The Santa Clause.” If only because I’ll take a hammy John Lithgow over a grunting Tim Allen any day of the week. [5/10]
A Midwinter's Tale
I reviewed the first episode of “Chilling Adventures of Sabrina” back in October. I liked it alright but had no idea when, if ever, I'd get back to the show. When it was announced that the series would be doing a Christmas special, I quickly caught up with the show. I love spooky holiday entertainment too much to let this one pass me by. And I'm glad I did, as “A Midwinter's Tale” is not a stand-alone special. It directly follows up on the events of the season one finale. Namely, Sabrina admitting to her friends that she's a witch, her breaking up with boyfriend Harvey, discovering her mortal mom's soul is trapped in limbo, and Aunt Zelda adopting a newborn baby.
Since Sabrina and her family are Satanic witches, they don't celebrate Christmas. Instead, they celebrate Yule, burning a special log in the fire place that keeps out evil spirits. During the holiday, Sabrina performs a séance to contact her mom's spirit. This ends up inviting the spirit of Gryla and her Yule Lads – a child-hoarding witch and her mischievous offspring from Icelandic mythology – into the house. The Spellman has to protect Leticia, the infant addition to their family, from the kid-obsessed spirit. Meanwhile, Sabrina's friend Suzi, while working as an elf for the mall Santa, is abducted by another yuletide demon.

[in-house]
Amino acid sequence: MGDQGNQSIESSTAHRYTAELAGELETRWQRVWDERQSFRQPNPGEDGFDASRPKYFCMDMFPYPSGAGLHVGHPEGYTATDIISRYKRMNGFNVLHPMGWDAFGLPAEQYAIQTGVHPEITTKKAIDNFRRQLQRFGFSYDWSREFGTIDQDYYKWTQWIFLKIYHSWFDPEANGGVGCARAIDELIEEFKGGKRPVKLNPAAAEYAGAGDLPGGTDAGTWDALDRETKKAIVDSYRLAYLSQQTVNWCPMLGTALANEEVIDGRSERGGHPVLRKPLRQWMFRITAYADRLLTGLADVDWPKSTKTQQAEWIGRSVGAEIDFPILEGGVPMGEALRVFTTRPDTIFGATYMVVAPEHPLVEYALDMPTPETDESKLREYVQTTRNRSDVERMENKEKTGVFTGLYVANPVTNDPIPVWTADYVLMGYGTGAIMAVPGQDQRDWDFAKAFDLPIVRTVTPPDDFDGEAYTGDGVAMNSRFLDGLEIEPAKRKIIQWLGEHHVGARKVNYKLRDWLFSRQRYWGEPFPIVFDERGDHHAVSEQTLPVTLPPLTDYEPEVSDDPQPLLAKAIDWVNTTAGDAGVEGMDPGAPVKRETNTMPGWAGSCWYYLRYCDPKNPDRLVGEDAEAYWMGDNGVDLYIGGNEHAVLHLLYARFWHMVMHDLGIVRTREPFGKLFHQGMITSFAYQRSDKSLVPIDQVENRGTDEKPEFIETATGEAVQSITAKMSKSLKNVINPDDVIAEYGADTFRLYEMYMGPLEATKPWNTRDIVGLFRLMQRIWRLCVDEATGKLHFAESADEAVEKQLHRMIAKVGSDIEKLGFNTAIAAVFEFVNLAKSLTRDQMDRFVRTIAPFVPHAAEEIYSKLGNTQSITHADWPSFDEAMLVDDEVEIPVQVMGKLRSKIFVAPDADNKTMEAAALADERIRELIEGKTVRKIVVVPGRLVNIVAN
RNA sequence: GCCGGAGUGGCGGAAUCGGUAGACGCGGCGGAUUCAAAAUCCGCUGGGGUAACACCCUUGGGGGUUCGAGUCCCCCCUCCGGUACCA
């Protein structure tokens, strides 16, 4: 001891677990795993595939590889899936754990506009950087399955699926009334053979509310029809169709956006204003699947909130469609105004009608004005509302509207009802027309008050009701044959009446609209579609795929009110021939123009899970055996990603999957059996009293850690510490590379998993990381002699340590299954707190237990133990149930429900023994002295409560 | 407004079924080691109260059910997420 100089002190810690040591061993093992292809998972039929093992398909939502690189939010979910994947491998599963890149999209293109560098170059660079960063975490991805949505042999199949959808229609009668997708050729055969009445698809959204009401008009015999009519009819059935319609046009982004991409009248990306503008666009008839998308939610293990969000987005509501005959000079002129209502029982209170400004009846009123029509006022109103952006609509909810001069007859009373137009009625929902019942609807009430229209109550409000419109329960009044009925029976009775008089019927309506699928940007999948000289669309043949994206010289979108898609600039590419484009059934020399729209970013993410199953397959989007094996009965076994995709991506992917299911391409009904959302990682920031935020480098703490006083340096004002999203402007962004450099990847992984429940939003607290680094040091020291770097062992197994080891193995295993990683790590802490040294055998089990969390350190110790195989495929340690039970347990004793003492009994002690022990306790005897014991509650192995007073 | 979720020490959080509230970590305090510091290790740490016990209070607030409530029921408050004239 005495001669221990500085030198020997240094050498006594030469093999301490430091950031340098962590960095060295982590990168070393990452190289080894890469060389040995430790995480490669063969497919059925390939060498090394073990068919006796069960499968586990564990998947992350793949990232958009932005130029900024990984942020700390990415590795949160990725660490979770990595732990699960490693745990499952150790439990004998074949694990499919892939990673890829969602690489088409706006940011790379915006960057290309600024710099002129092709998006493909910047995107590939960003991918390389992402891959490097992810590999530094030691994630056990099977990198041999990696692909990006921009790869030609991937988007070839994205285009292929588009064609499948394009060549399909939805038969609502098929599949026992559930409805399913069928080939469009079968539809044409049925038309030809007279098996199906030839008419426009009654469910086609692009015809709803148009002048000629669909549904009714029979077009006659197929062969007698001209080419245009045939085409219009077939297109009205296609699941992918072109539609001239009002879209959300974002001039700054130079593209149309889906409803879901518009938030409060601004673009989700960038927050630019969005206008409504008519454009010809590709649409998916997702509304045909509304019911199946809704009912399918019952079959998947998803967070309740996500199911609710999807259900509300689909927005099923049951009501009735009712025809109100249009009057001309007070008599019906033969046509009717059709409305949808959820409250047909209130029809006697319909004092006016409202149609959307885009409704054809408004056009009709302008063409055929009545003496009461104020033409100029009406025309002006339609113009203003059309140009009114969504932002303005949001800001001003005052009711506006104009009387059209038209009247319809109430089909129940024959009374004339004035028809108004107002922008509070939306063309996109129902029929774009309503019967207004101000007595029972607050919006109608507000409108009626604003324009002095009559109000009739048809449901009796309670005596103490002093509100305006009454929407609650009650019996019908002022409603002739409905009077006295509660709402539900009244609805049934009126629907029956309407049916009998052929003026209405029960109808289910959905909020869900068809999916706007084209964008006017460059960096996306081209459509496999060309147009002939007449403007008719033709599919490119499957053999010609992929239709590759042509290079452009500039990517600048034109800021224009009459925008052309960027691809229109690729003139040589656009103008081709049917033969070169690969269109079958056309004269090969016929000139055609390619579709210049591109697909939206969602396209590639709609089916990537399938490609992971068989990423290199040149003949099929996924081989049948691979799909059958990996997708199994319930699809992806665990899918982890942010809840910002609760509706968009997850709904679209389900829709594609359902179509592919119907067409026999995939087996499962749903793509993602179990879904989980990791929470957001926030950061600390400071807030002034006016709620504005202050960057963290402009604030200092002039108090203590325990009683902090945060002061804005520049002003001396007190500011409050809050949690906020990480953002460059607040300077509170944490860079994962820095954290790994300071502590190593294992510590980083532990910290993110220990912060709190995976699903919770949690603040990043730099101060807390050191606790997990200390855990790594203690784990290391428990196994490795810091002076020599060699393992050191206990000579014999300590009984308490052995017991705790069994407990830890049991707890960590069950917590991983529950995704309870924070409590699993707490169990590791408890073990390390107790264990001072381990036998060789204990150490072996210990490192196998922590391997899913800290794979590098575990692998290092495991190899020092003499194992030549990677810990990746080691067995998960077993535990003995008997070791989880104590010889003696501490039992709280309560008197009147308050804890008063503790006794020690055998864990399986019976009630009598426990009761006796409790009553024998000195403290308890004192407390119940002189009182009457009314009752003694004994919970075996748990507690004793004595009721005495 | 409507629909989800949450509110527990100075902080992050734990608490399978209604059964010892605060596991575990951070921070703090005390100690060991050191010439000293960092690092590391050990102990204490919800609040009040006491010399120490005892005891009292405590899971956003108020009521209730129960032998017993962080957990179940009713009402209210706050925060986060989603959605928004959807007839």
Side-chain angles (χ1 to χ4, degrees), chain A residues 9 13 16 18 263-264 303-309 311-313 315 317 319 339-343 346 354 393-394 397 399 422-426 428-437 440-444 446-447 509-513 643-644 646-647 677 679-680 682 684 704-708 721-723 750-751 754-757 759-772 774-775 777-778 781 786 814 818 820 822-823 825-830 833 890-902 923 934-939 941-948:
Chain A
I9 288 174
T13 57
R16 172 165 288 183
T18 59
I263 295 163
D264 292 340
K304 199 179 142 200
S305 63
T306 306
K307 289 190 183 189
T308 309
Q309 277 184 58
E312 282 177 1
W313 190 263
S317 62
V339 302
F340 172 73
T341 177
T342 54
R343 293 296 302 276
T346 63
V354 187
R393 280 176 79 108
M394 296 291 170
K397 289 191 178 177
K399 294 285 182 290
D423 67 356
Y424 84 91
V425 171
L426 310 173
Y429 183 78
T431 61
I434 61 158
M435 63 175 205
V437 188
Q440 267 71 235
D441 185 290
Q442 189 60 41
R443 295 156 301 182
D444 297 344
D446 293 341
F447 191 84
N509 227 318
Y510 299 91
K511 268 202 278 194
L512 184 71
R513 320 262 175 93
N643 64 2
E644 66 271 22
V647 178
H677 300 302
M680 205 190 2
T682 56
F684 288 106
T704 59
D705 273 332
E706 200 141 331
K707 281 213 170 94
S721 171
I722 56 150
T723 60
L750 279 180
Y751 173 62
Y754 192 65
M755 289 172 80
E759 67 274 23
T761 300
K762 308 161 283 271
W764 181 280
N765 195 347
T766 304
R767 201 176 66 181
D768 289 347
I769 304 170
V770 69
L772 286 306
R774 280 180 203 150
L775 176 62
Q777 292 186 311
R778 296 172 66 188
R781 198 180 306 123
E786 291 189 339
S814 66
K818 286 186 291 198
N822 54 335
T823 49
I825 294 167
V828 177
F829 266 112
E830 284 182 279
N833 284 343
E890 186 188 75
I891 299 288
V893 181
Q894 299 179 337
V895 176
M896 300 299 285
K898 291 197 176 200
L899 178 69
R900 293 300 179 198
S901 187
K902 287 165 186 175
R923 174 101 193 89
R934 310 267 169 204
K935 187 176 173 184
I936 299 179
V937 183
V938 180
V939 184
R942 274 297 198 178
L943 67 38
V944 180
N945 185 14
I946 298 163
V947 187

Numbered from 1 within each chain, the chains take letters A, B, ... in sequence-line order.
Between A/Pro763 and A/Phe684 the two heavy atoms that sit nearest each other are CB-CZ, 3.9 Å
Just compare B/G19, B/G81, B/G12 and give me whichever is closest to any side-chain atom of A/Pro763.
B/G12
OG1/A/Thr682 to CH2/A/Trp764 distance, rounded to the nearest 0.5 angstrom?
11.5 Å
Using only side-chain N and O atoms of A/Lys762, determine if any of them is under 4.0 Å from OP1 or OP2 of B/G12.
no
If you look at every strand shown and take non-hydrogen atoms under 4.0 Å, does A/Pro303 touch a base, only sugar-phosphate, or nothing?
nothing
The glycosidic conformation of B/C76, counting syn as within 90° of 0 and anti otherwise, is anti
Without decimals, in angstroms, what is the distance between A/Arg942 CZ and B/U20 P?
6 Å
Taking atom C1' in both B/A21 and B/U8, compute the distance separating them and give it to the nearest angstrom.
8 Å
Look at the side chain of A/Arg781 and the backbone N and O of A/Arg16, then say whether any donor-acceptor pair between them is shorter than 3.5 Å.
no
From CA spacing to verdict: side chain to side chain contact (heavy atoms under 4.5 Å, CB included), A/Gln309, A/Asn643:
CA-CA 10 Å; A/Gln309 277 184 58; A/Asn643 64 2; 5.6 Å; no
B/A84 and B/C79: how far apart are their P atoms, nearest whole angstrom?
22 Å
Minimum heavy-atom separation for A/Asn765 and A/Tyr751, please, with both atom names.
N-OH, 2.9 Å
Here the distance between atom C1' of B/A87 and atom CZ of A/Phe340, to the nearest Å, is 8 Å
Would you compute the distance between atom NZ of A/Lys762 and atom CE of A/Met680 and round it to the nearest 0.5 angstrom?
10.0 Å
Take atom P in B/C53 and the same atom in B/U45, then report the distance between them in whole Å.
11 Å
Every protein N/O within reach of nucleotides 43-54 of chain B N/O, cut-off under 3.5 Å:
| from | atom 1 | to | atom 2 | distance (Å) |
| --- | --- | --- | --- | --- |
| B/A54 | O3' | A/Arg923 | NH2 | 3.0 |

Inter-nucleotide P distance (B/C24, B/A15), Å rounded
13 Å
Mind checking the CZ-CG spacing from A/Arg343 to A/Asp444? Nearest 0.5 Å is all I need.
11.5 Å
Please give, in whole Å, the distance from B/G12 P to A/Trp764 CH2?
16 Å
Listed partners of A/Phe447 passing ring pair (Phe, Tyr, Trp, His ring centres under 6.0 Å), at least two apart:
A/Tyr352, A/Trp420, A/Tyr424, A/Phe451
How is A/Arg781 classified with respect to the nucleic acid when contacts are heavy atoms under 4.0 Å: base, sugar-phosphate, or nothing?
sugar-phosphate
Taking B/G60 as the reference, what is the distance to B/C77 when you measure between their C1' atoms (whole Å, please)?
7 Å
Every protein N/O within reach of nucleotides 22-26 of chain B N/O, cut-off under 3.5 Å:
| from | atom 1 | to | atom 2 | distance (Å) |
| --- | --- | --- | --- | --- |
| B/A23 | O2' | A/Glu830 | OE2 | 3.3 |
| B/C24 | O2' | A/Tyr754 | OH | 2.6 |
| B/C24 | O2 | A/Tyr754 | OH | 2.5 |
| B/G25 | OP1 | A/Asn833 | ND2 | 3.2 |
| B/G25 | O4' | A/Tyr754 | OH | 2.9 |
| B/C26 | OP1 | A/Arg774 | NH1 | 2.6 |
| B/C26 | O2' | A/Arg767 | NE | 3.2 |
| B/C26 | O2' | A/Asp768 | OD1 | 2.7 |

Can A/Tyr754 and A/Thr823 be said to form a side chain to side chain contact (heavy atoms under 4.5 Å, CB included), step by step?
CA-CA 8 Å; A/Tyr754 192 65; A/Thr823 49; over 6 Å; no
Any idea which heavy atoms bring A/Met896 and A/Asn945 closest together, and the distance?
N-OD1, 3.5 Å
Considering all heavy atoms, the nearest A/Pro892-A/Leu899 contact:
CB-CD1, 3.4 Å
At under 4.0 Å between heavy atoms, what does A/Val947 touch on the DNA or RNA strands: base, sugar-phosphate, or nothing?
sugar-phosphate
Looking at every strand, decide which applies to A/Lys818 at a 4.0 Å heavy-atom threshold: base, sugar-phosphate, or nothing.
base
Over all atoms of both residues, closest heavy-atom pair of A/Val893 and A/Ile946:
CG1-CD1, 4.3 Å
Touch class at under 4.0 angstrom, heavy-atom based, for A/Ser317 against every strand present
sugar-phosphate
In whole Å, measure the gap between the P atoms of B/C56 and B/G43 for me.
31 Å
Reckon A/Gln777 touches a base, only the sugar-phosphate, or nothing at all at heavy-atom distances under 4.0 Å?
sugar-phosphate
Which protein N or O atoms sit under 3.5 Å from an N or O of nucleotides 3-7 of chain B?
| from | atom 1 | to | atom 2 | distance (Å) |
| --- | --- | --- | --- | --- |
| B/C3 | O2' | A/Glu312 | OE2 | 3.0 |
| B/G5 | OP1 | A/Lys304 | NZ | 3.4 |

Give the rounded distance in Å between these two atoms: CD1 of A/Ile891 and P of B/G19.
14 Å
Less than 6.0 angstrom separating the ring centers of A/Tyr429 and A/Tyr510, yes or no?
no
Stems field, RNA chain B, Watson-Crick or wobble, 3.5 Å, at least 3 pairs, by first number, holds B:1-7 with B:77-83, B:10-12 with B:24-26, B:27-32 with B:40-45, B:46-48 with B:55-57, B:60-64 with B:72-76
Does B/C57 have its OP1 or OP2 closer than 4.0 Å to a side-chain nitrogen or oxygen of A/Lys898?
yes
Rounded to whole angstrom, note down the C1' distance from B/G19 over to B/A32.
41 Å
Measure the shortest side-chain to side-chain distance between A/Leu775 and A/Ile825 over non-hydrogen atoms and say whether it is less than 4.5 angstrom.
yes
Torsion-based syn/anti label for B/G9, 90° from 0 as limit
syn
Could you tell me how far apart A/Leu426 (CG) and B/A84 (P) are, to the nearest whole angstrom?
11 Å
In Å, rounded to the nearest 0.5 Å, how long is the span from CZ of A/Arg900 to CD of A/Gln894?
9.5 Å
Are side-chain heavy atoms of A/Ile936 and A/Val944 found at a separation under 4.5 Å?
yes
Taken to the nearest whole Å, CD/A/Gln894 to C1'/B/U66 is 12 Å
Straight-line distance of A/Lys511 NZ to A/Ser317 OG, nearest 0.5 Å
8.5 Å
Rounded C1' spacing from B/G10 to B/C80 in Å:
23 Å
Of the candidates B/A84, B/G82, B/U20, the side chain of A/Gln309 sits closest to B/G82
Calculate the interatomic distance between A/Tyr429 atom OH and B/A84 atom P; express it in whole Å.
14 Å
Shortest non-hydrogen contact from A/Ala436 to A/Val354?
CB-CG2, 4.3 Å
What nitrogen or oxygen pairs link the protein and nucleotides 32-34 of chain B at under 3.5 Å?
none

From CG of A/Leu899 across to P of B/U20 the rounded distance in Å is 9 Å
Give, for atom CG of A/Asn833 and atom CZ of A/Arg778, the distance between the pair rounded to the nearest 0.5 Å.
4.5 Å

episode four or some of the nightmare sequences in episode five. A snow-covered town at night can be so creepy. Yet “A Midwinter's Tale” mostly goes for comedy. Gryla, a horrifying giantess that eats children in the original myths, is rendered here as a civilized if deathly woman. The Yule Lads are portrayed as giggling poltergeist, instead of the weird dwarves they were originally. (Disappointingly, the Yule Cat – a giant feline that also eats kids – is absent altogether.) Much of the humor comes from the contrasting the witches' satanic behavior with the holly jolly surrounding, such as their unique interpretation of “A Christmas Carol.” As is typical of the show, the Spellmans responds to the weird events with a deadpan pragmatism.
“A Midwinter's Tale” definitely earns a lot of points for digging deep into Christmas lore. Even if its take on Gryla and the Yule Lads aren't as interesting as the originals, it's neat to see them mentioned at all. The more well known Krampus does show up, under his Styrian name of Bartel. He's the antagonist in Suzi's subplot, threatening to turn the teen into a lifeless mannequin. St. Lucia is also briefly discussed, for yet more obscure seasonal tradition. “A Midwinter's Tale” is a decent episode of “Chilling Adventures of Sabrina,” about ranking in the middle of what was an overall decent first season. [7/10]